I would be very interested in knowing what happened.


Sorry I can help any further.
 

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thanks, another quick question. Will the exhaust from an 81-82 fit an 80?
 

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I find it hard to believe that it would run reasonably well on three cyclinders and not be making any odd mechanical noises. If the piston isn't moving there would certainly be some noise as the connecting rod is free to move around.

If you have somebody to help, take the plug out on the cyclinder in question, use a pencil or something similar and put it in the cyclinder until you feel resistance. Don't drop it. Ignition off just bump the starter button a couple of times and see if the pencil moves. Another way is if you can reach the hole with your finger you can put it in or over the hole, bump the starter and see if there is any pressure.

Something doesn't make sense from the way you've described the symptoms.
 

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Anybody know how you'd get a double post. I removed the narrative from this message as it was exactly the same as the above post. I only entered it once.

Gremilins !!!! or am I the problem.
 

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cycleman wrote:

Gremilins !!!! or am I the problem.:cooldevil::cooldevil::cooldevil::cooldevil:
 

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cycleman wrote:
I find it hard to believe that it would run reasonably well on three cyclinders and not be making any odd mechanical noises. If the piston isn't moving there would certainly be some noise as the connecting rod is free to move around.
Well, what if someone took the connecting rod off the crankshaft, put it back together and then sold the bike hoping it wouldn't be noticed? :shock:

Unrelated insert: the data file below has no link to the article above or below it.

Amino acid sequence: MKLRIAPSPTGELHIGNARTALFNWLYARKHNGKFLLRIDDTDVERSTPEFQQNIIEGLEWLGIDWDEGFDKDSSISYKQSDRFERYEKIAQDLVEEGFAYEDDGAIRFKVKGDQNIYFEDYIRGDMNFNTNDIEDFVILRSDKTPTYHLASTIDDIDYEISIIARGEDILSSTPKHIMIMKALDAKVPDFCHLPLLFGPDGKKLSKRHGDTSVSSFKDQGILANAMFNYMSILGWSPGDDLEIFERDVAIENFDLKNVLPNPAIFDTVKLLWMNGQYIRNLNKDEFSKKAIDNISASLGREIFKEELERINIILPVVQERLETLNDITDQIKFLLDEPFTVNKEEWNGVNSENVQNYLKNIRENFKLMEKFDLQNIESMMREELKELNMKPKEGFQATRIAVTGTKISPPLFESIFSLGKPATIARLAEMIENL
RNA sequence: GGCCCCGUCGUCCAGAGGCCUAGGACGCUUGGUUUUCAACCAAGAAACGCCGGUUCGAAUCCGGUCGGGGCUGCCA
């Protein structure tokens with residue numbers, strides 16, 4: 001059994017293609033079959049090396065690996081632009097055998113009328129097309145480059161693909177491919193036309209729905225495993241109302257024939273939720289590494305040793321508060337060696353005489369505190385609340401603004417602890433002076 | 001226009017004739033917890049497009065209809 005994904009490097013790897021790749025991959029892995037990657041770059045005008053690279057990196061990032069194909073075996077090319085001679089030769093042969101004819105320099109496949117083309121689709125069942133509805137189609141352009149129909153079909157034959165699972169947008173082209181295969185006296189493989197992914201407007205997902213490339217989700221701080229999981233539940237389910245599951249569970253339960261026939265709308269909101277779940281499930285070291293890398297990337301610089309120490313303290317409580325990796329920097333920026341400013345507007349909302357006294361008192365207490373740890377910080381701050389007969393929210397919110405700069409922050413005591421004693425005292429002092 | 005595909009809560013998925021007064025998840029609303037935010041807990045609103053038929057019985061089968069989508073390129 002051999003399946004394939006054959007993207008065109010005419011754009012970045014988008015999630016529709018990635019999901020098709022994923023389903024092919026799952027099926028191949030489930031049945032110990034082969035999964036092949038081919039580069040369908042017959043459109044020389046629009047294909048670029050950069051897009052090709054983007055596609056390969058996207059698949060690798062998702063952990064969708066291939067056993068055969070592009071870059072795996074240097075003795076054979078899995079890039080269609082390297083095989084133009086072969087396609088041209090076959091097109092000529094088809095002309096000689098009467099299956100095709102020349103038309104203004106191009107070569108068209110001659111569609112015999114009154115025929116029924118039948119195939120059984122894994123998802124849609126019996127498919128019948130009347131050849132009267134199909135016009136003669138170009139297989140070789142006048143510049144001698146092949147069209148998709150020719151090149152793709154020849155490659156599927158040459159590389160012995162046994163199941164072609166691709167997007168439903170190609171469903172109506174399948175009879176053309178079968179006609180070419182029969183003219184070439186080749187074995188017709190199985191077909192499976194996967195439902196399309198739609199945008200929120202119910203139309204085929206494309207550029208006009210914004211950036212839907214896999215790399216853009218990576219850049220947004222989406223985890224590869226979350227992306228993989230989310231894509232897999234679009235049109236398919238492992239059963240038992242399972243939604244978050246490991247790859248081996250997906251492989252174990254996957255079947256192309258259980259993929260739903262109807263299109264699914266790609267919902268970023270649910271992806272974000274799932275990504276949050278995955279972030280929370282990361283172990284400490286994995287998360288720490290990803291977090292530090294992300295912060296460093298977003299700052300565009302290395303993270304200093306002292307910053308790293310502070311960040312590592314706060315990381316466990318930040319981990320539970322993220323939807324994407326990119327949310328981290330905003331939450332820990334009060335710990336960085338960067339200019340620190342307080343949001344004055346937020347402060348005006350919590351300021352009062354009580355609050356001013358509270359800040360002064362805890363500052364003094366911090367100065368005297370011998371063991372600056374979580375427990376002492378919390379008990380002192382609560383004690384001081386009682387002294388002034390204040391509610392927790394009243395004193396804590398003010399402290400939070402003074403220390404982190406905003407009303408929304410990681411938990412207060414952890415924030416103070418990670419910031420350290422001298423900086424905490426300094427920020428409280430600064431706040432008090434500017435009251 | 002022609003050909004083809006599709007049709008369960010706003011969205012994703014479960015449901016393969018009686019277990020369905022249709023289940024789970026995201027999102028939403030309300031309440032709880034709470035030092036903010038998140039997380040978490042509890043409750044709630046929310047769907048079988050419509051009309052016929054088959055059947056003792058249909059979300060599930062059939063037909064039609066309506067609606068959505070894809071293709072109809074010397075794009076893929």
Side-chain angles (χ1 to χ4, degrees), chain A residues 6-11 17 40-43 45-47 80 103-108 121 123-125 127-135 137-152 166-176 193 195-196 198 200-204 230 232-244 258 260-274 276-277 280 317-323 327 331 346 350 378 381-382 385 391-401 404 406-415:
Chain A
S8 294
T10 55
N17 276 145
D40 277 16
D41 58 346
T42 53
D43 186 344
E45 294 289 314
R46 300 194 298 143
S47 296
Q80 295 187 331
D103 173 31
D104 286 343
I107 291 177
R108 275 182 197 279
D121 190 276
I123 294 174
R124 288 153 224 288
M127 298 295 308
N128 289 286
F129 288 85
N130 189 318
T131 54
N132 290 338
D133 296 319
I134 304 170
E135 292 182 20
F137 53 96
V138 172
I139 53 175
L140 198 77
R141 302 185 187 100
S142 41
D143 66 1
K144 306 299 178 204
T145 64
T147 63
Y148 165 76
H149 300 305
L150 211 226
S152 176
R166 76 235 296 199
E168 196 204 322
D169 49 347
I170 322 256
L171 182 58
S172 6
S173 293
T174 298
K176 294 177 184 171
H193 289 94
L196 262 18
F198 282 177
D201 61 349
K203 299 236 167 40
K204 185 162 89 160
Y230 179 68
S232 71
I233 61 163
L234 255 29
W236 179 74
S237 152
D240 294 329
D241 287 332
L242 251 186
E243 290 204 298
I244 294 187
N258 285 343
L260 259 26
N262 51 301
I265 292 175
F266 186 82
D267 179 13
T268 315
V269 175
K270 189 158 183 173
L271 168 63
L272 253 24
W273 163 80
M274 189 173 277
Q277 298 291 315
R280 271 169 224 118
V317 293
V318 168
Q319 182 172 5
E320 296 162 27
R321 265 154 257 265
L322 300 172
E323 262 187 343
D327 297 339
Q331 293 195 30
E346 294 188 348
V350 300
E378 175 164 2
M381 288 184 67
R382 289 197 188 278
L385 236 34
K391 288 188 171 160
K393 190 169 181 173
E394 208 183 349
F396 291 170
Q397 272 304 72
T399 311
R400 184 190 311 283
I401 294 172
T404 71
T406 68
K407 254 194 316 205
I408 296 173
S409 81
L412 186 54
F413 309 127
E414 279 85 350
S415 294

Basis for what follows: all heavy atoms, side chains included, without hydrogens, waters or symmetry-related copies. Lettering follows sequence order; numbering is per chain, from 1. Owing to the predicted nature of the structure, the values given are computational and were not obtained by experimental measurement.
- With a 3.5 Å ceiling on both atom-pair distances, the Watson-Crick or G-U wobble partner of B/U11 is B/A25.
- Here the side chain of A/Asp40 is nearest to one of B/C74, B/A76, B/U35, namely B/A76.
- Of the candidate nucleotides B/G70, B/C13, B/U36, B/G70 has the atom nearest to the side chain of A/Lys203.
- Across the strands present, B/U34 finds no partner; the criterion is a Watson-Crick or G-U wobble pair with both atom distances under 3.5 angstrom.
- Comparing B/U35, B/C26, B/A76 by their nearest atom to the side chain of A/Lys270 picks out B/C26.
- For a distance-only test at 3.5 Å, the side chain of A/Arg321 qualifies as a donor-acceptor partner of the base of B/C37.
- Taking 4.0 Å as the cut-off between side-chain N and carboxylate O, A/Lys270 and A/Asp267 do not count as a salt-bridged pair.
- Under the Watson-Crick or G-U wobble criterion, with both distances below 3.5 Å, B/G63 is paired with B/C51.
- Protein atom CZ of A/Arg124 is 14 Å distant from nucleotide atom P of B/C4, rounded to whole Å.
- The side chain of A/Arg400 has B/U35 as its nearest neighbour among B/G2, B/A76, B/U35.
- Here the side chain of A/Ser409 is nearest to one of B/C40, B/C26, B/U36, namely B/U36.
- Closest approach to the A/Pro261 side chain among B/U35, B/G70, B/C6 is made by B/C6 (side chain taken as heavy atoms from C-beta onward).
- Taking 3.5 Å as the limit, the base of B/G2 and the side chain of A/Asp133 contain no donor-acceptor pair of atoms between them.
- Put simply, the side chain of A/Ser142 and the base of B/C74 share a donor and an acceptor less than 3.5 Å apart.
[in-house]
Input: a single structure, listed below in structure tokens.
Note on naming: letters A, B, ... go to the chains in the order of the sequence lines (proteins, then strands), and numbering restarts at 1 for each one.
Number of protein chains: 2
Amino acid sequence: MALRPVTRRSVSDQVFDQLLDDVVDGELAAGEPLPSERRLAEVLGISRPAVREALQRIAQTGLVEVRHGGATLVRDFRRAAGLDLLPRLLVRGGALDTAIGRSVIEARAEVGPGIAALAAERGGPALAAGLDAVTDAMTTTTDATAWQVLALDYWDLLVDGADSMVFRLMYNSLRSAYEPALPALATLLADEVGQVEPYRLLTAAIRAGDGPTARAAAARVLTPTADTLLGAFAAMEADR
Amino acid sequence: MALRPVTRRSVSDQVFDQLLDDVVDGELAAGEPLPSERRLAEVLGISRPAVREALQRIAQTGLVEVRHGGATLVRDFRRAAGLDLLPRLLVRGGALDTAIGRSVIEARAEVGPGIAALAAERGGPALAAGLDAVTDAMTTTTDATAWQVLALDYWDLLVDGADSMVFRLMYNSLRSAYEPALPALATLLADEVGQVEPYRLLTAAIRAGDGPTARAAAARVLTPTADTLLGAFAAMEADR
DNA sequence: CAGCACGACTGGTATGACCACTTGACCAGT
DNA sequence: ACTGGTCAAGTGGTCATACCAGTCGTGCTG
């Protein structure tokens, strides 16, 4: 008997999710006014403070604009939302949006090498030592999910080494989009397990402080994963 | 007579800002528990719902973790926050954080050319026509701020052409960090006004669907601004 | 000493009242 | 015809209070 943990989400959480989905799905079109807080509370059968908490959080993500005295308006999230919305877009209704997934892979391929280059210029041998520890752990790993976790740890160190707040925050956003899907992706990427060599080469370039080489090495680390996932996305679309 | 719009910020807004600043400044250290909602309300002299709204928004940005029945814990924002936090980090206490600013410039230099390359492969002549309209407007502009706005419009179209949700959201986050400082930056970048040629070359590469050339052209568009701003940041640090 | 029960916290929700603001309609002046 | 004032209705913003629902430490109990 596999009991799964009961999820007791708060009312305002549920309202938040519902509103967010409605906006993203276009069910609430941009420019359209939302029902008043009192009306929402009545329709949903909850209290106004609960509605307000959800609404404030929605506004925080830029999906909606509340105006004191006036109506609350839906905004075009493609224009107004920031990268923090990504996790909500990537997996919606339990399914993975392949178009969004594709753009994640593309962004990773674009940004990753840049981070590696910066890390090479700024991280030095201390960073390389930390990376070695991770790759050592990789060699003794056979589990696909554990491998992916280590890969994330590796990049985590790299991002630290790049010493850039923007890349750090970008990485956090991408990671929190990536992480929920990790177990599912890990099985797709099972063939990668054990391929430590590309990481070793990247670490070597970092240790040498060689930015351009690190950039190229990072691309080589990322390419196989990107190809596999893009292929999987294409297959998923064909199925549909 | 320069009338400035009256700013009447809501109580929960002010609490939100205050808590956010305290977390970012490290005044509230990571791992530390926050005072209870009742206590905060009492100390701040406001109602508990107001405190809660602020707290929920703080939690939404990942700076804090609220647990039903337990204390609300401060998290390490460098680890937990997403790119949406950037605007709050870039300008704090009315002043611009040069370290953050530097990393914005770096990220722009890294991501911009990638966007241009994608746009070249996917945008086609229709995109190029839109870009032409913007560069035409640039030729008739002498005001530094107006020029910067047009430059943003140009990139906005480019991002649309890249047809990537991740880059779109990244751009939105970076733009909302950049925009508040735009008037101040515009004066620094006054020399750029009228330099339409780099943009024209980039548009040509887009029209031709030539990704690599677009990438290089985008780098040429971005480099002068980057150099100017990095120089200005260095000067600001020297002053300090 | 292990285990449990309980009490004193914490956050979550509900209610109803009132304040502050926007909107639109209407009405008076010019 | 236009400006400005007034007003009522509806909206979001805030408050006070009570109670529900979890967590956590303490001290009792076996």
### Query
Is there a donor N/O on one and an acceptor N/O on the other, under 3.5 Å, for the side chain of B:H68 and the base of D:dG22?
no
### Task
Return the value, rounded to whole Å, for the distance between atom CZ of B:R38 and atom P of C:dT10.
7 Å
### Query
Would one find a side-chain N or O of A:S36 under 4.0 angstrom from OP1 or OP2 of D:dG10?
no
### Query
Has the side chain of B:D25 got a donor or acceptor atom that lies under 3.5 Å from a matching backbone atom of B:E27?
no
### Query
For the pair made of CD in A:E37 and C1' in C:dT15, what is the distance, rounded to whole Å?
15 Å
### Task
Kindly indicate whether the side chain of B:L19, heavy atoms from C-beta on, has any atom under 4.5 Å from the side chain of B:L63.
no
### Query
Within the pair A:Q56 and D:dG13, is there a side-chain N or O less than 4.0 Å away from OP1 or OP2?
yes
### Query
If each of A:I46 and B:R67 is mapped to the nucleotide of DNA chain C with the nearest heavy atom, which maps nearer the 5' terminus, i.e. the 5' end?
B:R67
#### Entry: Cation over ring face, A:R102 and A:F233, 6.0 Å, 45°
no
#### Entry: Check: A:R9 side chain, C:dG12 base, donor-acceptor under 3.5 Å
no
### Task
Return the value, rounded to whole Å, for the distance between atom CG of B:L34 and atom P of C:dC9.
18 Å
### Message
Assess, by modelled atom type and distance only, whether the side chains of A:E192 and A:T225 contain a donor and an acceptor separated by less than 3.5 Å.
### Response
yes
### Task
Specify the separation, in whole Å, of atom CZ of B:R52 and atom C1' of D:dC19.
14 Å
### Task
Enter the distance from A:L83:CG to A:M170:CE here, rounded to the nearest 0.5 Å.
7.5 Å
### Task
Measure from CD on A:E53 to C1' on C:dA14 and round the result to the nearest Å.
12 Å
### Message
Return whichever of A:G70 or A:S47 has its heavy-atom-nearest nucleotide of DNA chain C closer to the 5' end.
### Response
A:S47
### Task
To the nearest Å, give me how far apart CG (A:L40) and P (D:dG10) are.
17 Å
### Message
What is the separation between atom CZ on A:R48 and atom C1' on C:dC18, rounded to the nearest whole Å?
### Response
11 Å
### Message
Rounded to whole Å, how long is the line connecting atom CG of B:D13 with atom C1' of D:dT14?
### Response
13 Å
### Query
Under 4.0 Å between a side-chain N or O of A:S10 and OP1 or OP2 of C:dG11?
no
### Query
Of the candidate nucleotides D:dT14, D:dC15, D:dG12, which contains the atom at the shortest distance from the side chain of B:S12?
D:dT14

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AZgl1500 wrote:
cycleman wrote:
I find it hard to believe that it would run reasonably well on three cyclinders and not be making any odd mechanical noises. If the piston isn't moving there would certainly be some noise as the connecting rod is free to move around.
Well, what if someone took the connecting rod off the crankshaft, put it back together and then sold the bike hoping it wouldn't be noticed? :shock:
That would take one shadey individual:shock:
 

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AZgl1500 wrote:
cycleman wrote:
I find it hard to believe that it would run reasonably well on three cyclinders and not be making any odd mechanical noises. If the piston isn't moving there would certainly be some noise as the connecting rod is free to move around.
Well, what if someone took the connecting rod off the crankshaft, put it back together and then sold the bike hoping it wouldn't be noticed? :shock:
Now if I went to all the trouble of removing and tearing down the engine to do that I'd might as well fix the problem it had in the first place. It could've been done that way but doesn't make sense to me.
 

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Bagmaster wrote:
AZgl1500 wrote:
cycleman wrote:
I find it hard to believe that it would run reasonably well on three cyclinders and not be making any odd mechanical noises. If the piston isn't moving there would certainly be some noise as the connecting rod is free to move around.
Well, what if someone took the connecting rod off the crankshaft, put it back together and then sold the bike hoping it wouldn't be noticed? :shock:
Now if I went to all the trouble of removing and tearing down the engine to do that I'd might as well fix the problem it had in the first place. It could've been done that way but doesn't make sense to me.


I knew a mechanic who was helping a friend who bought a car that "Just needed a tune-up". In reality they found the connecting rod brazed to the cylinder wall. In that make I think you could just drop the oil pan and do the dirty work. Removing the piston would have meant pulling the engine.

The wing is a differentengine so I don't know if the conrod got pulled, broken or what. Is there a history on the bike?
 

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no history to speak of. I bought it from a kid who had it a year or so. It ran and runs good. I did put a pencil in the plug hole and could not feel the piston moving.